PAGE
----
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Accounting for My Tastes in Beer

Written by Franz Hofer

In between evenings of losing myself in my annual “big book” (Don Quixote this year), I’ve been reading Terry Theise’s What Makes Wine Worth Drinking: In Praise of the Sublime. Theise makes a compelling case that people who write about wine or who sell wine for a living be forthcoming with their readers and customers about their tastes.

It’s a simple premise: writers and critics should examine their taste proclivities so that their readers know where they stand. As Theise asserts, this is the first obligation of the critic, whether that person is writing about wine, beer, art, or music. It’s what buttresses our credibility. And, I’d add somewhat paradoxically, it’s what makes our judgments and pronouncements that much more “objective.” (More on that below.)

Unlike Theise, who’s a wine merchant, I’m not in the business of selling my readers beer. But like Theise, I’m also subtly (or maybe not so subtly?) trying to sell you on a particular vision of what beer is or can be, along with the kinds of experiences that make beer worth drinking. That’s why, I think, it makes sense to give you an account of what has shaped my tastes — the beer gardens, Wirtshäuser, beer hikes, beer regions, and beer cities I write so much about — in short, the places that transform the liquid in the bottle or glass into something more.

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We Asked 15 Brewers: What’s the Most Overrated Beer Style? (2024)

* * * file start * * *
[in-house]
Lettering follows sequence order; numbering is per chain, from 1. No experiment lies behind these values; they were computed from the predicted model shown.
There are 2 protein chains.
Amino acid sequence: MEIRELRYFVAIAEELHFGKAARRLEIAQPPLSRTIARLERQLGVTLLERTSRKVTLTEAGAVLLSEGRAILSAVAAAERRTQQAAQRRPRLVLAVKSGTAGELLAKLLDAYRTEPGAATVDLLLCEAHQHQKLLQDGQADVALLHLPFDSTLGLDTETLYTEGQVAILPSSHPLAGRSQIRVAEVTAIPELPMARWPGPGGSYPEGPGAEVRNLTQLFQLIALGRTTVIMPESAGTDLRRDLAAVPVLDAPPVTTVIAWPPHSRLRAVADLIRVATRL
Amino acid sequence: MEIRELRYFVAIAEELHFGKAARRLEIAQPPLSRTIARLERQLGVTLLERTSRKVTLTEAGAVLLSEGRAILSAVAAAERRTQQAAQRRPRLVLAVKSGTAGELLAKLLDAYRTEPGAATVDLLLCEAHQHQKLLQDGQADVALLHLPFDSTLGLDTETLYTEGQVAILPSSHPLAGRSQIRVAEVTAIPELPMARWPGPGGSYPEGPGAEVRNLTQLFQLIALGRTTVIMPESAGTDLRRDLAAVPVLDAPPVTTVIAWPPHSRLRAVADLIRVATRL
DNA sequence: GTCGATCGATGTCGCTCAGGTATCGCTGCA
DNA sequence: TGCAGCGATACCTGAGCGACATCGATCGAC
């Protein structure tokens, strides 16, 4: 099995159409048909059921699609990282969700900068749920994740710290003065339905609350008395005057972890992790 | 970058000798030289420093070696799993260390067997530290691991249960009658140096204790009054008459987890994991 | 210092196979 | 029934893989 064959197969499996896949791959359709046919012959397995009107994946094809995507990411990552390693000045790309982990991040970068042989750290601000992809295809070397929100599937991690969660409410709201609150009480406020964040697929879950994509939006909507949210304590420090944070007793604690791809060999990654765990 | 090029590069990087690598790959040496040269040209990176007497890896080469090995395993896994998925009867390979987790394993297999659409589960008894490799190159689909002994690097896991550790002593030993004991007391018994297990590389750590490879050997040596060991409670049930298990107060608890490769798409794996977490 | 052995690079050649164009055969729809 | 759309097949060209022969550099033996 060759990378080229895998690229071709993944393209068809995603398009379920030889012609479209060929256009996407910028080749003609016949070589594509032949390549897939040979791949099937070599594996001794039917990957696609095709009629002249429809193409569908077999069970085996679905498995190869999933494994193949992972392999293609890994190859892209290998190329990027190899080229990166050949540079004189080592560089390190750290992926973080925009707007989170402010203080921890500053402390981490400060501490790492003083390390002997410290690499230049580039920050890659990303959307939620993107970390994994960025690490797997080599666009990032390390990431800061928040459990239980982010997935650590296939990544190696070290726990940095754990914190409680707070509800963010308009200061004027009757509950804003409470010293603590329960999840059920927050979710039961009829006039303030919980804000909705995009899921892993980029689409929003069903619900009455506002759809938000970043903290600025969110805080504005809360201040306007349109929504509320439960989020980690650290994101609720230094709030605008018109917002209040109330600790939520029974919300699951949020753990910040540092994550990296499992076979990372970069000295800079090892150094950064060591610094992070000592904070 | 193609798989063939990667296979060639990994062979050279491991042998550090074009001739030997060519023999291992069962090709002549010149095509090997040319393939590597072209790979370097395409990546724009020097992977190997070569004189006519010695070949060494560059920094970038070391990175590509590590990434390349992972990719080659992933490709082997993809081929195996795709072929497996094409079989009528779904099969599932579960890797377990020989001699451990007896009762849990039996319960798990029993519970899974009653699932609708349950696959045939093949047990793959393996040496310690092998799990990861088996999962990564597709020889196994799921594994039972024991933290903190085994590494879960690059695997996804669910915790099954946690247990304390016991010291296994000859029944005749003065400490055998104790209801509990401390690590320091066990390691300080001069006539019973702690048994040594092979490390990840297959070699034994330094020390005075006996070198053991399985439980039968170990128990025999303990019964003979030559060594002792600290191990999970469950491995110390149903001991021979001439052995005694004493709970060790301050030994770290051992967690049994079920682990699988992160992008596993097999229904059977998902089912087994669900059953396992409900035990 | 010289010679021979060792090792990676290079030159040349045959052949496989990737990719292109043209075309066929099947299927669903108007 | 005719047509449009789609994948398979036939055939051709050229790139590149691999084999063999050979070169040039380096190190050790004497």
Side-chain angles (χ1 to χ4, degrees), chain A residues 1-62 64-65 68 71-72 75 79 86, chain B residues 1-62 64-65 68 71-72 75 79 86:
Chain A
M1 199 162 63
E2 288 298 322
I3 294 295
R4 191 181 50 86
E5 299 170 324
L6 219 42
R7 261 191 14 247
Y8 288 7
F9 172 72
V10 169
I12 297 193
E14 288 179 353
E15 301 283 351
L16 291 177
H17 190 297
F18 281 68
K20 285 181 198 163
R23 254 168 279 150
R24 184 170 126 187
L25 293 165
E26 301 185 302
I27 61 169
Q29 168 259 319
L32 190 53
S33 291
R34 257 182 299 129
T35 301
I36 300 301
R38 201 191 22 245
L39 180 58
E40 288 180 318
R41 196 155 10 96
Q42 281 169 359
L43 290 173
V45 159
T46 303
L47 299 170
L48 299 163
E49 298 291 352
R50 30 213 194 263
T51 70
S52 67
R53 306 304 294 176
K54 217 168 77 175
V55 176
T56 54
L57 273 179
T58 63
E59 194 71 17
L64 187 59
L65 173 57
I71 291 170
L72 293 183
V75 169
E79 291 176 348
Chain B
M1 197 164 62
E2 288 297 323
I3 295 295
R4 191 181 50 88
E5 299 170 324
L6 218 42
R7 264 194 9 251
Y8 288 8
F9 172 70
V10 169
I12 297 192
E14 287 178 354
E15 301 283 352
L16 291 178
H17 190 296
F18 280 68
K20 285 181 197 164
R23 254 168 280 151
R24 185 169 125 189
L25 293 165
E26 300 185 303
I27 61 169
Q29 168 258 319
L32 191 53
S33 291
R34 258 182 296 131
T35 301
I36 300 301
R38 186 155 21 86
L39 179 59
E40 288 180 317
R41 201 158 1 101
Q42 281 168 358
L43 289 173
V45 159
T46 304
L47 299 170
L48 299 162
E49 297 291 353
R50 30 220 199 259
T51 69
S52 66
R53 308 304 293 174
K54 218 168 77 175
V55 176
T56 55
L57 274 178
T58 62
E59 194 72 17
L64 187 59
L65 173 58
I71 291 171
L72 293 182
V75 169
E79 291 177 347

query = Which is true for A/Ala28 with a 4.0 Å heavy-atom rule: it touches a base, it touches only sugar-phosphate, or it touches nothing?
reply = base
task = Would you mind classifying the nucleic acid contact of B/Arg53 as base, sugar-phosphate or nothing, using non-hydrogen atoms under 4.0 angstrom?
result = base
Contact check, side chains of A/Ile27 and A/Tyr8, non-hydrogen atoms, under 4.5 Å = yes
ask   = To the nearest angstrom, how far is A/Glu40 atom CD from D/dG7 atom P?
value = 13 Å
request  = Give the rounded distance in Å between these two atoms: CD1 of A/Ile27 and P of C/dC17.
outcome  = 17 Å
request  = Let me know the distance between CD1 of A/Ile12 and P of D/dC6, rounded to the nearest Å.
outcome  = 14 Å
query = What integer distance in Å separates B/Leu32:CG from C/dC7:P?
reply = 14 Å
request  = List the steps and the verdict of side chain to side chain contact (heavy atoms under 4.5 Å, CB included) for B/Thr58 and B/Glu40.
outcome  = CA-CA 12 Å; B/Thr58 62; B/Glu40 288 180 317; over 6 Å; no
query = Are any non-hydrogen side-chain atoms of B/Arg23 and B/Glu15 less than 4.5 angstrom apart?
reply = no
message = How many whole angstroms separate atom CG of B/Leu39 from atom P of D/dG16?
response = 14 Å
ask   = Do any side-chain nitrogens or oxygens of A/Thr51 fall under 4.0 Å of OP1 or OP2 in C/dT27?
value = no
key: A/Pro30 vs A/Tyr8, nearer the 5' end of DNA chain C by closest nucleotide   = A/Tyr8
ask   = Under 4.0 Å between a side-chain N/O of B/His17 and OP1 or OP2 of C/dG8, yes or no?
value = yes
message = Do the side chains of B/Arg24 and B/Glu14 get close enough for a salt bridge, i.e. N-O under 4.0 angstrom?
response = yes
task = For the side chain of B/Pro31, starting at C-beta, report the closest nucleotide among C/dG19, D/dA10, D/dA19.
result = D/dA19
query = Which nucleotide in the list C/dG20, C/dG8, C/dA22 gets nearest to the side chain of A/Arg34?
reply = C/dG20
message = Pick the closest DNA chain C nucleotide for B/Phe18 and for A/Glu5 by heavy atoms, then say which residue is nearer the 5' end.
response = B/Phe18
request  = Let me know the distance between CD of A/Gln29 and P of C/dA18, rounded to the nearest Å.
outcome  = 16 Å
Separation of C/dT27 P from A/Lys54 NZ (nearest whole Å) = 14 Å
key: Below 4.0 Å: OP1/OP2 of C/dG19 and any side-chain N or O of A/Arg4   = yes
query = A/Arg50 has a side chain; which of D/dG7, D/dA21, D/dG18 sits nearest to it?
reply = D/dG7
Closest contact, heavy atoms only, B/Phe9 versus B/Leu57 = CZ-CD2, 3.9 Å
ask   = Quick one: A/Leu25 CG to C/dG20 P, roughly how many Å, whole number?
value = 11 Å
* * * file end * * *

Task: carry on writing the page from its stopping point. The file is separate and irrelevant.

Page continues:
Overrated can be a loaded word, and it’s often hurled at whatever style the latest tastemakers have deemed to be on its way out. Among them are some of the more hype-y styles shaking up the industry since the craft beer boom. Some people scoff at these popular beers, while others line up to snag the first tastes of them. Some brewers just see them as filling up tank space that could have gone to something more exciting and innovative.

The beer industry had a difficult year in 2023, and perhaps some of its stalwarts are beginning to feel a bit stale. Is beer simply facing massive growing pains? And if the industry is entering a new stage, does it need to leave behind some styles to make room for the new? Here, we asked 15 brewers which beer styles they feel are the most overrated. From hazy IPAs to pastry stouts to smoothies lactosed within an inch of their lives, here are the ones the pros believe have been given more credit than they’re due.

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Last Call: Submit Your Brews and Ciders for Global Recognition at The International Brewing & Cider Award

Elevate your brews and ciders to global acclaim at The International Brewing & Cider Awards – the ‘Oscars’ of the industry. Submit your entries by January 31, 2024, for a chance to gain worldwide recognition, enhance brand visibility and showcase your products.